Photo Flash: Babes With Blades Theatre Company presents THE GOOD FIGHT

Babes With Blades Theatre Company (BWBTC) continues its 20th Anniversary Season: "Origins" with the Chicago premiere of The Good Fight, playing at City Lit Theater, 1020 W. Bryn Mawr Ave., January 6 - February 17, 2018. Developed in 2011 through BWBTC's Fighting Words program under the title Deeds Not Words, the play is written by Anne Bertram, executive director of Theatre Unbound, a Minneapolis/St. Paul company devoted to work by and about women. Elizabeth Lovelady, a Jeff Award-winning artist based in Chicago, directs The Good Fight, which features combat by Fight Choreographer Gaby Labotka. Preview performances are Saturday, Jan. 6 at 8 p.m., Sunday, Jan. 7 at 3 p.m., Friday, Jan. 12 at 8 p.m., Saturday, Jan. 13 at 8 p.m., and Sunday, Jan. 14 at 3 p.m. Opening Night is Monday, Jan. 15 at 8 p.m. Regular performances are Thursdays - Saturdays at 8 p.m. and Sundays at 3 p.m. Preview tickets are $10, student and senior tickets are $15, early bird general admission (available online through January 15, 2018) are $20 and general admission (after January 15, 2018) are $25. To purchase tickets and for more information, please visit BabesWithBlades.org.

The Women's Social and Political Union (WSPU), led by Emmeline Pankhurst and her daughter Christabel, was the primary militant group pushing for women's suffrage in the United Kingdom. Under the slogan "Deeds, not words," the WSPU advocated targeting property as a form of protest, from smashing shop windows to burning and bombing buildings. Imprisoned WSPU members - including Pankhurst - launched hunger strikes, which were initially countered by the authorities with force-feeding; later the government introduced the "Cat and Mouse Act," under which starving suffragettes were released, only to be re-imprisoned once regaining their health. To defend their leaders and comrades, the WSPU established "The Bodyguard" - a secret, all-female security team, trained in jujutsu - and the good fight began.

So what do British women from the early 20th century have to say to today's audiences?

"They had to arrive at answers for questions that sound awfully familiar: When is it OK to use violence? What difference does it make if women are in power? If you believe a law is unjust, should you break it?" said Playwright Anne Bertram. "It's also good to remind ourselves about the price these women paid to secure women's voting rights. They were imprisoned, tortured, force-fed. Some died." Adds Director Elizabeth Lovelady, "The US has plenty of problems, but we have so many rights and comforts that women in other parts of the world don't enjoy. During our auditions, as an example of how 'this is still happening,' I frequently referenced the fact that women in Saudi Arabia aren't allowed to drive. But since our auditions took place, the law has changed - and the change was largely influenced by women who broke the law and drove, and posted videos of it online. I think there's a lesson there, that you have to resist, but you also have to publicize your resistance to really influence a change. And that's a thing the women in this play do really well."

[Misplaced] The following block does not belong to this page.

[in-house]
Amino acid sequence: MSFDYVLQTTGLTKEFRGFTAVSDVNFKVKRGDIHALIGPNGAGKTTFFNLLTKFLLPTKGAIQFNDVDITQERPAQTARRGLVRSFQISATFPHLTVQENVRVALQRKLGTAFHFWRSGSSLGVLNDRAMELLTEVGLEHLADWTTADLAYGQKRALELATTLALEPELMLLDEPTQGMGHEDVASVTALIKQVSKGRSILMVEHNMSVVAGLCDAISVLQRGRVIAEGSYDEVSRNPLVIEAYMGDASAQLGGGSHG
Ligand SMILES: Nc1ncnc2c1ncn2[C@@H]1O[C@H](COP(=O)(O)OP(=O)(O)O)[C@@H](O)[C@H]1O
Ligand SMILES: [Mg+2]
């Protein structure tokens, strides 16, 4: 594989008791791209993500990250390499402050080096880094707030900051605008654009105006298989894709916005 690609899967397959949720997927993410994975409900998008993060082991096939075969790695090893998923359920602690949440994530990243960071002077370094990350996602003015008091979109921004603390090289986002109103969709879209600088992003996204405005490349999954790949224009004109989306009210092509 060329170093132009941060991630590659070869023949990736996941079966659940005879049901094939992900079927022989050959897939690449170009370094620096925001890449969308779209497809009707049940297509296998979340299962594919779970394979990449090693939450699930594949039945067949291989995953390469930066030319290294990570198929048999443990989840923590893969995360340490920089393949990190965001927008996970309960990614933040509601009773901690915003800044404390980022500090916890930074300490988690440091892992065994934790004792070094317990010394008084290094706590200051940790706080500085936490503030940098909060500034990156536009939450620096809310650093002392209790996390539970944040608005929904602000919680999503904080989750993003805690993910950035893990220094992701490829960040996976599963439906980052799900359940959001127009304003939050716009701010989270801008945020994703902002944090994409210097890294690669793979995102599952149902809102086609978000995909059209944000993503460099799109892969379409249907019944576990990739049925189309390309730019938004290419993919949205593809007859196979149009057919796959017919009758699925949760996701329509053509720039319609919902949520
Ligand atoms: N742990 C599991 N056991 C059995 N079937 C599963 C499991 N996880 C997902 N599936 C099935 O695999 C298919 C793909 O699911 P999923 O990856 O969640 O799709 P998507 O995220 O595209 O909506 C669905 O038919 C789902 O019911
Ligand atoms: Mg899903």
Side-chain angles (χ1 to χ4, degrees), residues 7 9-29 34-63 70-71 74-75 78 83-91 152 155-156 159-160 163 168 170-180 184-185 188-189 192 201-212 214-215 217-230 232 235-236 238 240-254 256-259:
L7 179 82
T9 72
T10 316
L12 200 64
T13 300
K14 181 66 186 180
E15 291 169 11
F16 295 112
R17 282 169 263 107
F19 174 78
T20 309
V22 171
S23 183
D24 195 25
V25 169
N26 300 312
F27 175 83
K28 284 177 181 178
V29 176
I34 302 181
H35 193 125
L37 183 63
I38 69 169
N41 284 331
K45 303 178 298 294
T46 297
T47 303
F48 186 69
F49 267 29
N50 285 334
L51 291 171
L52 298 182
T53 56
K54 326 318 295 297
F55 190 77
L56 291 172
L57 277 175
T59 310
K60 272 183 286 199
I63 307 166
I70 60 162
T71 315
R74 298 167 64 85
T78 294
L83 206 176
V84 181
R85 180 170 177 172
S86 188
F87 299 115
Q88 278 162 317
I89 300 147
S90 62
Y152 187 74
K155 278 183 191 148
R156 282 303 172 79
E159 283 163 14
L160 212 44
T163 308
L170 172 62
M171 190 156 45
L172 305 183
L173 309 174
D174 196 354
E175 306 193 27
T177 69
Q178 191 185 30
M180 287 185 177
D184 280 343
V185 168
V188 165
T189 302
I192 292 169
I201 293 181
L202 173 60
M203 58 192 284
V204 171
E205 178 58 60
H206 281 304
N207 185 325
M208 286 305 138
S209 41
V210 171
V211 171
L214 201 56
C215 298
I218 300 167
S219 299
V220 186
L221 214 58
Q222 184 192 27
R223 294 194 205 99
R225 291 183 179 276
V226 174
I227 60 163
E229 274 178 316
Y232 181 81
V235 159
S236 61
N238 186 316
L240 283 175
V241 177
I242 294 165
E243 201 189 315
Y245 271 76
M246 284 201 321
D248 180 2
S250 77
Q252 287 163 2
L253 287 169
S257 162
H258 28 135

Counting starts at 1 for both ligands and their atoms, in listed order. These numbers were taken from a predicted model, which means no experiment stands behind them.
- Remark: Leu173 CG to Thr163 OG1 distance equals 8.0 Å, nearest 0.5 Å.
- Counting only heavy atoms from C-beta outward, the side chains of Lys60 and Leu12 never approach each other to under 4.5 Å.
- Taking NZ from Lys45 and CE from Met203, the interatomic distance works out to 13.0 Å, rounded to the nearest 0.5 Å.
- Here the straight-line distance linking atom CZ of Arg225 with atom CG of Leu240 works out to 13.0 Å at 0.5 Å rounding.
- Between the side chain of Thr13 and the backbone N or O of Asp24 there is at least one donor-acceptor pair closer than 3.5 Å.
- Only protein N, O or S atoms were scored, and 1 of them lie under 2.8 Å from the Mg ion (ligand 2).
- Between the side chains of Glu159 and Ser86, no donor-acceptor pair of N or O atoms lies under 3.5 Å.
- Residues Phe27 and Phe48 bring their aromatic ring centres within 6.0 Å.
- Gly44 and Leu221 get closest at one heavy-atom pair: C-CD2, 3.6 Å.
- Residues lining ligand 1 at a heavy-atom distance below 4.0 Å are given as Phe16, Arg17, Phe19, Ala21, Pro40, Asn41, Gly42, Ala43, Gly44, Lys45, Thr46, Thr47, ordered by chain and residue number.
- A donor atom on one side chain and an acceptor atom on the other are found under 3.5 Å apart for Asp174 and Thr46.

Lovelady continues, "Lately there's so much discussion of white feminism (meaning white women who only care about moving themselves forward and don't recognize or try to address the unique issues that women of color face), which has been an issue with feminism since the get-go. So one way that I'm trying to bring this play out of the "history" department and into the "now" department is by casting a diverse array of women. To be clear, it's still set in the original time period, but we are populating the play with a group of women who don't look like you would expect. Instead they look like the people you'd ride the el with, making it speak more to the present. I hope that including women of color in this production will be a reminder that we are all in this together. And her rights are my rights. And if she's oppressed, we all need to stand up and fight."